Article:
Books read, December 2014

December was light on non-research reading, but I did get a few things in:

Stranger, Rachel Manija Brown and Sherwood Smith. This novel is famous for being the “gay YA” book, but it’s easy for that to overshadow the fact that it is also a story. One set in a post-apocalyptic California, generations after something mutated half the wildlife and knocked humanity on its butt, technologically speaking. I appreciate the fact that this is not a Mad Max crapsack post-apocalypse: it isn’t cozy, limited resources are an everpresent fact of people’s lives, and there’s a lot of tension between the Changed and the Normals . . . but the town of Las Anclas is generally cooperative and functional, in ways that seem realistic. The story itself danced on the edge of having too many pov characters for my taste — every time a narrative shifts perspective, I get kicked partway out and have to re-engage; hello, George R.R. Martin — but ultimately things dovetailed well enough to keep me hooked. The sequel will be out soon; I’ll post when that happens.

Rogue Spy, Joanna Bourne. Fifth in the series of Napoleonic spy romances I started inhaling last March. The timeline of these books turns out to be more convoluted than I realized: I’m pretty sure the bullet wound Hawker’s recovering from in this book is the one Justine put in him partway through The Black Hawk is the one Annique dug out of him in The Spymaster’s Lady. Since The Black Hawk itself went back and forth in time, the impact of this story is slightly defused; there’s a pretty awful revelation in that book which sets up the main conflict for this one, but the “present moment” timeline there takes place after this novel, so you know things work out just fine for the hero. Which you would pretty much guess anyway, since it’s a romance novel and they tend not to end on a sad note . . . but guessing and knowing are still different things.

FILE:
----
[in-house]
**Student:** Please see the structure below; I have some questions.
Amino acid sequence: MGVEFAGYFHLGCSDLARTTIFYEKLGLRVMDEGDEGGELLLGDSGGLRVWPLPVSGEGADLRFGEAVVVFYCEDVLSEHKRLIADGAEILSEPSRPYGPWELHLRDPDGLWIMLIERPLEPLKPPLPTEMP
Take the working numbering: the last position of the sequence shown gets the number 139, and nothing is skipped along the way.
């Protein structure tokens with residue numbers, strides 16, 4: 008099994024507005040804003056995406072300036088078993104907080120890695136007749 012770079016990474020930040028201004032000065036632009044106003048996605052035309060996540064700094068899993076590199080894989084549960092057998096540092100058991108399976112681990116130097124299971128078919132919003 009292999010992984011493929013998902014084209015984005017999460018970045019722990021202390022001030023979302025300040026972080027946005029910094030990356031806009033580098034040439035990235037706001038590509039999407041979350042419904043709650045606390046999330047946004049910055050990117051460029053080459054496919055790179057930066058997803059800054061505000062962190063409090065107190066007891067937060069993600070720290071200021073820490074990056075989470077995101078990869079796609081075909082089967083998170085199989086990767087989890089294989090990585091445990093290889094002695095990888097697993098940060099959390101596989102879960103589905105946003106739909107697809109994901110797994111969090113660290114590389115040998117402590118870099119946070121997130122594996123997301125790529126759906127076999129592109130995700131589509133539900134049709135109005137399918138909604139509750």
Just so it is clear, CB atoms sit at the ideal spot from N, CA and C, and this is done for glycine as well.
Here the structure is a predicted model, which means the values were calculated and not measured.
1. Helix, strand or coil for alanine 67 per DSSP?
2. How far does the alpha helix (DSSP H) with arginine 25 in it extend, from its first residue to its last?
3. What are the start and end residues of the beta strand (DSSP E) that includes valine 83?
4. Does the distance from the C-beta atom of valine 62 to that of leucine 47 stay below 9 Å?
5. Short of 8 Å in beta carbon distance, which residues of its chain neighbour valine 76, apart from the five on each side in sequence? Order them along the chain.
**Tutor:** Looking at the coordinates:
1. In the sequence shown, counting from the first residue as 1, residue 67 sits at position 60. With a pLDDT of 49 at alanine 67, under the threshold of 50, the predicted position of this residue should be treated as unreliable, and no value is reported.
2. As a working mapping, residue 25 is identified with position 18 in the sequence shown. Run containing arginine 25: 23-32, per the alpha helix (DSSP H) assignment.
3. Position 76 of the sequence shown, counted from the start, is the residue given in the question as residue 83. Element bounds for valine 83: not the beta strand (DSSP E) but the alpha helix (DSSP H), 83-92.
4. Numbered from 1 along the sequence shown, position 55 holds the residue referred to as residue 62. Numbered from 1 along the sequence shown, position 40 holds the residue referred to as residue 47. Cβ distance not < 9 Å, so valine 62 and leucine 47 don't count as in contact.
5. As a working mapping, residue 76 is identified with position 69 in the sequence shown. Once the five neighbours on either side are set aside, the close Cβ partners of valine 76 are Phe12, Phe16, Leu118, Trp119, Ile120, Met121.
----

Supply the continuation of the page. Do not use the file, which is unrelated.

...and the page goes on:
Anyway, this book is still enjoyable. Bourne puts a twist on her usual formula by having her hero and heroine technically be on the same side of the Britain/France divide — but under such conditions as to make both of their loyalties rather complicated. And there’s still the underlying virtue of this series, which is that it’s about people who respect and admire each other’s competence at espionage as part of their True Love, and makes True Love the key to solving external problems, rather than treating those problems as a side dish to the main (romantic) course.

Mortal Clay, Stone Heart: And Other Stories of Black and White , Eugie Foster. Another short story collection, this one based around the conceit of stories which involve black-and-white things (e.g. skunks, black swans and white swans, etc). I had bounced off one of these when Podcastle ran it, but it turned out to work better for me on the page. Enjoyable overall, though nothing in here really got me in the gut.

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